It’s gotten so that there’s something almost quaint about the old McDonald’s around town, with their little Styrofoam cups of underroasted coffee and cheeseburgers with that flaccid pickle—so 1978.
European fast-food chains are gobbling Manhattan, bringing meals that are not only delicious but in many cases—big gulp here—nutritious.
“The motivator behind this pioneer shop was the idea that it was time Dutch people were introduced to a new and nutritious vegetarian dish,” reads the manifesto of Maoz, a vegetarian fast-food falafel chain that originated in Amsterdam.
On March 9, Maoz opened their first American store on Union Square East. Not that New Yorkers are unfamiliar with falafel, nor meal deals. It is what those combos include—the nutritious salad bar filled with toppings like couscous, cucumbers with dill, onion and tomato salad—and the idea that Europeans eat better than their fat American counterparts, that has the lunch-time line pouring out of that hole in the wall in Union Square. For chick peas!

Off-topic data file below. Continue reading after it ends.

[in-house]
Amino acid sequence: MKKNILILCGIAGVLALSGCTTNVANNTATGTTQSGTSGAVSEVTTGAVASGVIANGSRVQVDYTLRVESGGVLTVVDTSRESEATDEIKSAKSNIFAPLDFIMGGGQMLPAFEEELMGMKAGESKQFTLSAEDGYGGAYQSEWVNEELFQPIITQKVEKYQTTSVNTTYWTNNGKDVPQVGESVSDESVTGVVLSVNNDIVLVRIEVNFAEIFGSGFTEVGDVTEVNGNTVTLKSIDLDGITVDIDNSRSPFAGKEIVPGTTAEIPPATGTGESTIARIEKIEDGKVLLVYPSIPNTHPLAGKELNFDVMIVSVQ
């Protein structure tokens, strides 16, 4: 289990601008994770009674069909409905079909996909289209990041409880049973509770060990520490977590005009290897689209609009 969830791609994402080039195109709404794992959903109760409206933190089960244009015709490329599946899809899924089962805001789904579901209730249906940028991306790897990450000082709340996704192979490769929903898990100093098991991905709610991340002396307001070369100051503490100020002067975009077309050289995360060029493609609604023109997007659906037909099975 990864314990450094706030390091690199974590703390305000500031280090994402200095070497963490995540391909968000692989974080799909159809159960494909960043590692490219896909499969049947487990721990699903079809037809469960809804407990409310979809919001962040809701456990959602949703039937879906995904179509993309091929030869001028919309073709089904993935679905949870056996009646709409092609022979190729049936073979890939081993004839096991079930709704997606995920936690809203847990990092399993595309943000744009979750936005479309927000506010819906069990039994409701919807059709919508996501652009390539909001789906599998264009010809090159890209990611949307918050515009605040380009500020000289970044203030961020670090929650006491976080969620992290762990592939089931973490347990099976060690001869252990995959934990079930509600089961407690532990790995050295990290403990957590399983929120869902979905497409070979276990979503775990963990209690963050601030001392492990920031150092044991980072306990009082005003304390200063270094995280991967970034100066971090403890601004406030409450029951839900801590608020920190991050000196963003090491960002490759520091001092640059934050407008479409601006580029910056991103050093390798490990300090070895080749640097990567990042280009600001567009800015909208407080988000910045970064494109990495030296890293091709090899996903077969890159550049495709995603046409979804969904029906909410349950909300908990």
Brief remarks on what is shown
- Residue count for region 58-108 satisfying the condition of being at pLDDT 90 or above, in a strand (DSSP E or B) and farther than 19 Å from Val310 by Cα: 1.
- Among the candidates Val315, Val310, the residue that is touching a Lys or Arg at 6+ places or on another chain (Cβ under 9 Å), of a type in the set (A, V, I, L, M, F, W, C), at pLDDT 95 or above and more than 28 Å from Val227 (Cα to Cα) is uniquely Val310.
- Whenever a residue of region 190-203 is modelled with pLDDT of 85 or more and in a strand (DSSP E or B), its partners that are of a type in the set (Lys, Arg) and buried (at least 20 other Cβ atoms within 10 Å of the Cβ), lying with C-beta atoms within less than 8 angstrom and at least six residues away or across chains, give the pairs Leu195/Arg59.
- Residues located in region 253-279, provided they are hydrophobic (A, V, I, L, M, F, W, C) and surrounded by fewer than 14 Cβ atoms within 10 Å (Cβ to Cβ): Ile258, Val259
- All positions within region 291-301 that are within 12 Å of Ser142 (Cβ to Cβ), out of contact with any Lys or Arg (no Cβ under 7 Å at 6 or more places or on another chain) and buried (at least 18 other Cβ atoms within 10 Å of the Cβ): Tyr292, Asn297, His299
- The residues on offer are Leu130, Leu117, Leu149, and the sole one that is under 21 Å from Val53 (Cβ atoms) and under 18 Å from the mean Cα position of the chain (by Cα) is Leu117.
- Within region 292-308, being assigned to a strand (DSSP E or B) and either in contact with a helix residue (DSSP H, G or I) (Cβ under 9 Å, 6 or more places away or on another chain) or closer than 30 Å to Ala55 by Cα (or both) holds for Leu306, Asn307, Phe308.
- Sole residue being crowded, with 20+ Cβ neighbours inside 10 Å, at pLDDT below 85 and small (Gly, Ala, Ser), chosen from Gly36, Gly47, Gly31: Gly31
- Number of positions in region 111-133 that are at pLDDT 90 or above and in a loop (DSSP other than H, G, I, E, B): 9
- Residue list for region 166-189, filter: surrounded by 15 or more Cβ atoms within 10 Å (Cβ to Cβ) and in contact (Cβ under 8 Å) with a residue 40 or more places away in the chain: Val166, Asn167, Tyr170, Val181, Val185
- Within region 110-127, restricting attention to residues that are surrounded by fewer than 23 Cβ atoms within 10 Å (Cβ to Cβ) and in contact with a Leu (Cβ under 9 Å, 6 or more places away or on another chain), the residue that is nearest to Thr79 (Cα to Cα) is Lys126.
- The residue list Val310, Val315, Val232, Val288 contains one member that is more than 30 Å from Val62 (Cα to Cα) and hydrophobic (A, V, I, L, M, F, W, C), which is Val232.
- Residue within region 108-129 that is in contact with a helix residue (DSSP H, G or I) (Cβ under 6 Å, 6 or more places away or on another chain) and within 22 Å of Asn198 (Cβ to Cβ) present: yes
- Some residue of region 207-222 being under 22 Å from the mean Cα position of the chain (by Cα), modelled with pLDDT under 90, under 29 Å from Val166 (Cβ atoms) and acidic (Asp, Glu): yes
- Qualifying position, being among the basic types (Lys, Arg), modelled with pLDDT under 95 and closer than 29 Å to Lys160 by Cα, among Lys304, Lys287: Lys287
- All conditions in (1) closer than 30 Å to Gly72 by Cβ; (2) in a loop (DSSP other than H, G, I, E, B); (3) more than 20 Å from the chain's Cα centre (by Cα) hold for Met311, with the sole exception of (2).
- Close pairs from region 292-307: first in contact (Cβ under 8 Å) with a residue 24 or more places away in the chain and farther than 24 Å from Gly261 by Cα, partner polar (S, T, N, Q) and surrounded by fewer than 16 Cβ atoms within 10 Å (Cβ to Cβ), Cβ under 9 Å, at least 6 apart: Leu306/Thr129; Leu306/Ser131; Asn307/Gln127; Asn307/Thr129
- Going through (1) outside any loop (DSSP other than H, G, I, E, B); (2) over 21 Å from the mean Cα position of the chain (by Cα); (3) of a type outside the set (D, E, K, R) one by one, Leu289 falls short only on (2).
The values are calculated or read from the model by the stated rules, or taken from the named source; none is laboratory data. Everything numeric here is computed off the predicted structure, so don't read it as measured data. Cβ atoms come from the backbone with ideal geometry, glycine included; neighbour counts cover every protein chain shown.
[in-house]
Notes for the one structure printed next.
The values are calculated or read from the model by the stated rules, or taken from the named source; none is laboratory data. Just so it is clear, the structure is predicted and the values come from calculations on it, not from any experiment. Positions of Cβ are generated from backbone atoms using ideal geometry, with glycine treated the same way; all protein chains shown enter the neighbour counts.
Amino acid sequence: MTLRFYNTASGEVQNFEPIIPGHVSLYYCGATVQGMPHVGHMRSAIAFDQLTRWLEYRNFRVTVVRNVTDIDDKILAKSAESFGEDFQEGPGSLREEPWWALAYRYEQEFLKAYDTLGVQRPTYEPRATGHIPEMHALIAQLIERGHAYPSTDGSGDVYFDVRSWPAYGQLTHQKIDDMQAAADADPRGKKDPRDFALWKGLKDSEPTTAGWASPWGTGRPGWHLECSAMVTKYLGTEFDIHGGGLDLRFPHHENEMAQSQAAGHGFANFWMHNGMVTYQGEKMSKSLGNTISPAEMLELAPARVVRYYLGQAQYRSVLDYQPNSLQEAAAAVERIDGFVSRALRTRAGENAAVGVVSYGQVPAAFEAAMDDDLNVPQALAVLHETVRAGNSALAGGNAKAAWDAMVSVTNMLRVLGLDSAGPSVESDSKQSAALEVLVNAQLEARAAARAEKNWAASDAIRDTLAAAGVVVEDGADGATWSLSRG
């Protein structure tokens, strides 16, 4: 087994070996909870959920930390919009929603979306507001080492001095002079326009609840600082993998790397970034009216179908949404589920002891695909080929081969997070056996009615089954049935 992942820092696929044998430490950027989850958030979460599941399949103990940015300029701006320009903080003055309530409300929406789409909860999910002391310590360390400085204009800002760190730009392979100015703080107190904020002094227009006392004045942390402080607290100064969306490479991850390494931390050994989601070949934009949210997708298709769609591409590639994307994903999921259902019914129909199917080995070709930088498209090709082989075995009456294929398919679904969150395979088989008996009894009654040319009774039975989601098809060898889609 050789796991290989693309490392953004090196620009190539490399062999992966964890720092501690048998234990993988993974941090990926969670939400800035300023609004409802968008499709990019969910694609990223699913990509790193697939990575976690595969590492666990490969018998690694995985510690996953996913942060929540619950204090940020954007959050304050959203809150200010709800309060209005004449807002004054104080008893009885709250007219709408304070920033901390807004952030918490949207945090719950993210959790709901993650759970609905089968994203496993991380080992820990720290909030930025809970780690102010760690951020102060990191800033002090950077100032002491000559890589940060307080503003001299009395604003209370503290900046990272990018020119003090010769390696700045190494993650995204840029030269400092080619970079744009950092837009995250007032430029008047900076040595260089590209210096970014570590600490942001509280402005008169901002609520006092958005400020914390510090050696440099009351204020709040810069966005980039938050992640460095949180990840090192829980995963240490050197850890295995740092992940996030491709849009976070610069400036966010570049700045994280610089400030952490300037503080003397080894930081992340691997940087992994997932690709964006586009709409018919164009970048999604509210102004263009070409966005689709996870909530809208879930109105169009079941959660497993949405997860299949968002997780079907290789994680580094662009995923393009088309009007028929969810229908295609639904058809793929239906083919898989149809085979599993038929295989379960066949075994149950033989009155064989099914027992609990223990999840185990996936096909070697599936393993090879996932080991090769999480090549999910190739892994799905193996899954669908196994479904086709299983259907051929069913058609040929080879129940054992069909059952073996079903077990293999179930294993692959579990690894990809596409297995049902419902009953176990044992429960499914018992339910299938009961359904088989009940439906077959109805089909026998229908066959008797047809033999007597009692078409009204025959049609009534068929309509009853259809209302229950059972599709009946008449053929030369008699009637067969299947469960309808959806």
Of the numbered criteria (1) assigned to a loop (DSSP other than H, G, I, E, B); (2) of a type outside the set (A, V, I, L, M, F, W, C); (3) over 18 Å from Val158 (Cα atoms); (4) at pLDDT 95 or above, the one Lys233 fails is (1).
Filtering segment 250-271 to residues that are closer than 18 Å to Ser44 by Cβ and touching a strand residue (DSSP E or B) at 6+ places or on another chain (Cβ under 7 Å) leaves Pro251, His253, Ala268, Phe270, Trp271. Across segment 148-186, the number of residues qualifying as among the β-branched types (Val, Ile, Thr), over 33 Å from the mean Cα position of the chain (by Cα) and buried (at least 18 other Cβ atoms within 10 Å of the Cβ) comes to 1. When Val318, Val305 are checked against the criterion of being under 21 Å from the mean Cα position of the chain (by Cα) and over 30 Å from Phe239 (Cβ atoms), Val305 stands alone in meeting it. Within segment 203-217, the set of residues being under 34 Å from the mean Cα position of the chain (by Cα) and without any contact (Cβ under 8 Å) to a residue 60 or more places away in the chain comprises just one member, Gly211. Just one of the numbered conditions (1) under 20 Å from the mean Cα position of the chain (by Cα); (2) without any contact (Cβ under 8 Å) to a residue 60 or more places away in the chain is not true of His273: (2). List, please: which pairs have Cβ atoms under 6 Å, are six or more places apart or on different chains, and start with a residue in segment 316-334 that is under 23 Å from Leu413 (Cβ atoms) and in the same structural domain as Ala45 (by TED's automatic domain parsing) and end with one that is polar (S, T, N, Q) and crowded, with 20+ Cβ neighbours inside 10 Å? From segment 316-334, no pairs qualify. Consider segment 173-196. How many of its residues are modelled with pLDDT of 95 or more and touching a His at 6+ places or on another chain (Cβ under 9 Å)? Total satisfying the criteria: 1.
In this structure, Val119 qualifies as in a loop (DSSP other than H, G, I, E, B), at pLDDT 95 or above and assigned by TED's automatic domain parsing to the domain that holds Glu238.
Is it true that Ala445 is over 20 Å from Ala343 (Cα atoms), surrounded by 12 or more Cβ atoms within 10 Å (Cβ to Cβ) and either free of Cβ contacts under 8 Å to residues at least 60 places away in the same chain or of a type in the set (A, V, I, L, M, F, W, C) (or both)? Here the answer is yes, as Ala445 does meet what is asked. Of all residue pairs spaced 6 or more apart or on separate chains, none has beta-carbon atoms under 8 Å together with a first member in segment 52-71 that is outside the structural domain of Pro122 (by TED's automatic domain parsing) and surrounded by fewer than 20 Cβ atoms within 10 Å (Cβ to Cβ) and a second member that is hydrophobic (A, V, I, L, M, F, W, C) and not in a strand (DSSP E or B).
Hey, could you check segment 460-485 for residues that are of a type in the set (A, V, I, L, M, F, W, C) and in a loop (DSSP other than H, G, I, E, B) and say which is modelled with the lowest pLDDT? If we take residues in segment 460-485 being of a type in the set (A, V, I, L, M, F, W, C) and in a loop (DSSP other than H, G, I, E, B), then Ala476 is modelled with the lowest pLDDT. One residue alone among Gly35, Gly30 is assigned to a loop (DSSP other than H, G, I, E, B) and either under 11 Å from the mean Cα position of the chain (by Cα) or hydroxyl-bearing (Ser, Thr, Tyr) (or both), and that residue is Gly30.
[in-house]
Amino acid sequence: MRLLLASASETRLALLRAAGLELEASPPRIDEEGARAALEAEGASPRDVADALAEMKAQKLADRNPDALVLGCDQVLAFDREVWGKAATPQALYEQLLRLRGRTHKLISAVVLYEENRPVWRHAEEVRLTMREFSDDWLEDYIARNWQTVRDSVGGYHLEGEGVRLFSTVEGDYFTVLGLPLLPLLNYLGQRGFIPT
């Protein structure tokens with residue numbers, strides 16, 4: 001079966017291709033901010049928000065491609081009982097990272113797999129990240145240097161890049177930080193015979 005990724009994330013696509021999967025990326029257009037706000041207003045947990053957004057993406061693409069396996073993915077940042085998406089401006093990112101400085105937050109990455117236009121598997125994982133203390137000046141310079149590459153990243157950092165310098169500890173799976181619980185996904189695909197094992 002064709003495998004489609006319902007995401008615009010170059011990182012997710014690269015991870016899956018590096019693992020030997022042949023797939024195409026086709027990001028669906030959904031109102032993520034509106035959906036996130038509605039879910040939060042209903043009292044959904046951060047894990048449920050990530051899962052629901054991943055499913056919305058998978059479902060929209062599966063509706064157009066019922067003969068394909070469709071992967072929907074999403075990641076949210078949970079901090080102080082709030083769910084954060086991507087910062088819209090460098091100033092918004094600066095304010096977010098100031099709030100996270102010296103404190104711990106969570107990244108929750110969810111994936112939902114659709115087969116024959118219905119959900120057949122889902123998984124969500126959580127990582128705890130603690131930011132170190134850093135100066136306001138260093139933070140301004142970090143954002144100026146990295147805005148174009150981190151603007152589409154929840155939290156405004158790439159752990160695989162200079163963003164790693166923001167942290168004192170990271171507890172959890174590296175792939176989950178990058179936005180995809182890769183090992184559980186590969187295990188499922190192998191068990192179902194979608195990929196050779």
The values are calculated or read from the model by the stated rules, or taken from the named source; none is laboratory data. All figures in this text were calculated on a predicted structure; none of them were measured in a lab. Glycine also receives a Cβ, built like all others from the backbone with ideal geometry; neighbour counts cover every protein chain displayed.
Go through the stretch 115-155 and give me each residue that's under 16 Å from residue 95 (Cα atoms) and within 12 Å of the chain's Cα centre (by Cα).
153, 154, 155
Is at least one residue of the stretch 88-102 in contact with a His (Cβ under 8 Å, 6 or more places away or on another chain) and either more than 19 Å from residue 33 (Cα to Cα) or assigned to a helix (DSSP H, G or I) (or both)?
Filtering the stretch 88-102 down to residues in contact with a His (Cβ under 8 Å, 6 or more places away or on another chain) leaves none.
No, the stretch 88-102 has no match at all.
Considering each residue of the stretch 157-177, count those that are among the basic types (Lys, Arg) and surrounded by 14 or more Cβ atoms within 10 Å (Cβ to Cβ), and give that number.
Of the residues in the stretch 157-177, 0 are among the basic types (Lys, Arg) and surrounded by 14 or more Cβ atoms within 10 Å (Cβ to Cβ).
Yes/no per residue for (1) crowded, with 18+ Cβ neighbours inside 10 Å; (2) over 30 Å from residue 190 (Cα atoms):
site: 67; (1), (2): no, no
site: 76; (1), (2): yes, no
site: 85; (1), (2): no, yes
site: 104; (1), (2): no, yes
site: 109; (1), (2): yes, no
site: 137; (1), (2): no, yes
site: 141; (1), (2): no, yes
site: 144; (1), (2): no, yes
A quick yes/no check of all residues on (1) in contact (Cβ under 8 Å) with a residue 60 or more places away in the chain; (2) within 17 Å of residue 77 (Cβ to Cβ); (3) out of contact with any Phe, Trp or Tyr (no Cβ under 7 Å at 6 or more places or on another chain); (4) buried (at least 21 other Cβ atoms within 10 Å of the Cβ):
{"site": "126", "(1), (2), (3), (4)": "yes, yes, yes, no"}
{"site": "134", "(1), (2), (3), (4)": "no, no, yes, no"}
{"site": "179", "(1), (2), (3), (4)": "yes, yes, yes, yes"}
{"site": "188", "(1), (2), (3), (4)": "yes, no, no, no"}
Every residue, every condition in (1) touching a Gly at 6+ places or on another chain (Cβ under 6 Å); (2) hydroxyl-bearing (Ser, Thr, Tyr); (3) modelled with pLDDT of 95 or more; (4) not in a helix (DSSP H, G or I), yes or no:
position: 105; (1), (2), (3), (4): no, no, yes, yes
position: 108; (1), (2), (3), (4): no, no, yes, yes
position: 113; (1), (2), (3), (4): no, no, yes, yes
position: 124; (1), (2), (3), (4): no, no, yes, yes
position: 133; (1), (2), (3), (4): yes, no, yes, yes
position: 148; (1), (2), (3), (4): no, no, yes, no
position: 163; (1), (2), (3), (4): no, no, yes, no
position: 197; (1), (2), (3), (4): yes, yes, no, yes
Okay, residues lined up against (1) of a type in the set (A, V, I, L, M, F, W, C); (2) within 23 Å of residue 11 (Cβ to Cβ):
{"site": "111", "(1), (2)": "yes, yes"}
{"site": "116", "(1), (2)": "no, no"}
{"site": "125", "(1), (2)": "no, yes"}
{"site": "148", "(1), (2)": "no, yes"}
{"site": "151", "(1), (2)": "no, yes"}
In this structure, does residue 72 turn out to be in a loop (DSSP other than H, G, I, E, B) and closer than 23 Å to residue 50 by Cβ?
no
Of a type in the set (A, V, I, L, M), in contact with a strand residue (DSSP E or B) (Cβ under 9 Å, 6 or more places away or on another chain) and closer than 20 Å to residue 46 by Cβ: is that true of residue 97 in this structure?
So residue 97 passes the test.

Then there’s the F&B chain, a collaboration between a Brit and a German homesick for the street food they would procure while backpacking around Europe. There are two outlets, on East 52nd Street and West 23rd Street, serving what Zagat called the “most elegant fast food”: frites served with that longtime New York pariah, mayonnaise (thankfully, they have ketchup too), plus Swedish meatballs, wheat beer and plump bratwursts. And they cater!
A decade ago, Alan Coumont, a highly regarded chef from Brussels, quietly brought his chain, Le Pain Quotidien, to New York City. With organic bread made daily—M. Coumont claims to have discovered the recipe for the perfect loaf—Le Pain introduced the communal table, forcing New Yorkers to eat together, elbow to elbow, whether they like it or not. And it worked. The chain now has 13 shops throughout Manhattan, and women with diamond earrings the size of robins’ eggs can often be spotted sipping cafés au lait there alongside their big, European-made strollers.
Want some dessert? GROM, a gelato chain in Italy, just opened on Broadway at 76th Street on the Upper West Side.
Finally, with 11 locations in New York, Pret a Manger, a London-based (oh, the humiliation) sandwich shop, is fast gaining on Au Bon Pain, a chain selling only the faintest idea of French food that was started by our Yankee neighbors in Boston. Read the tea leaves, people.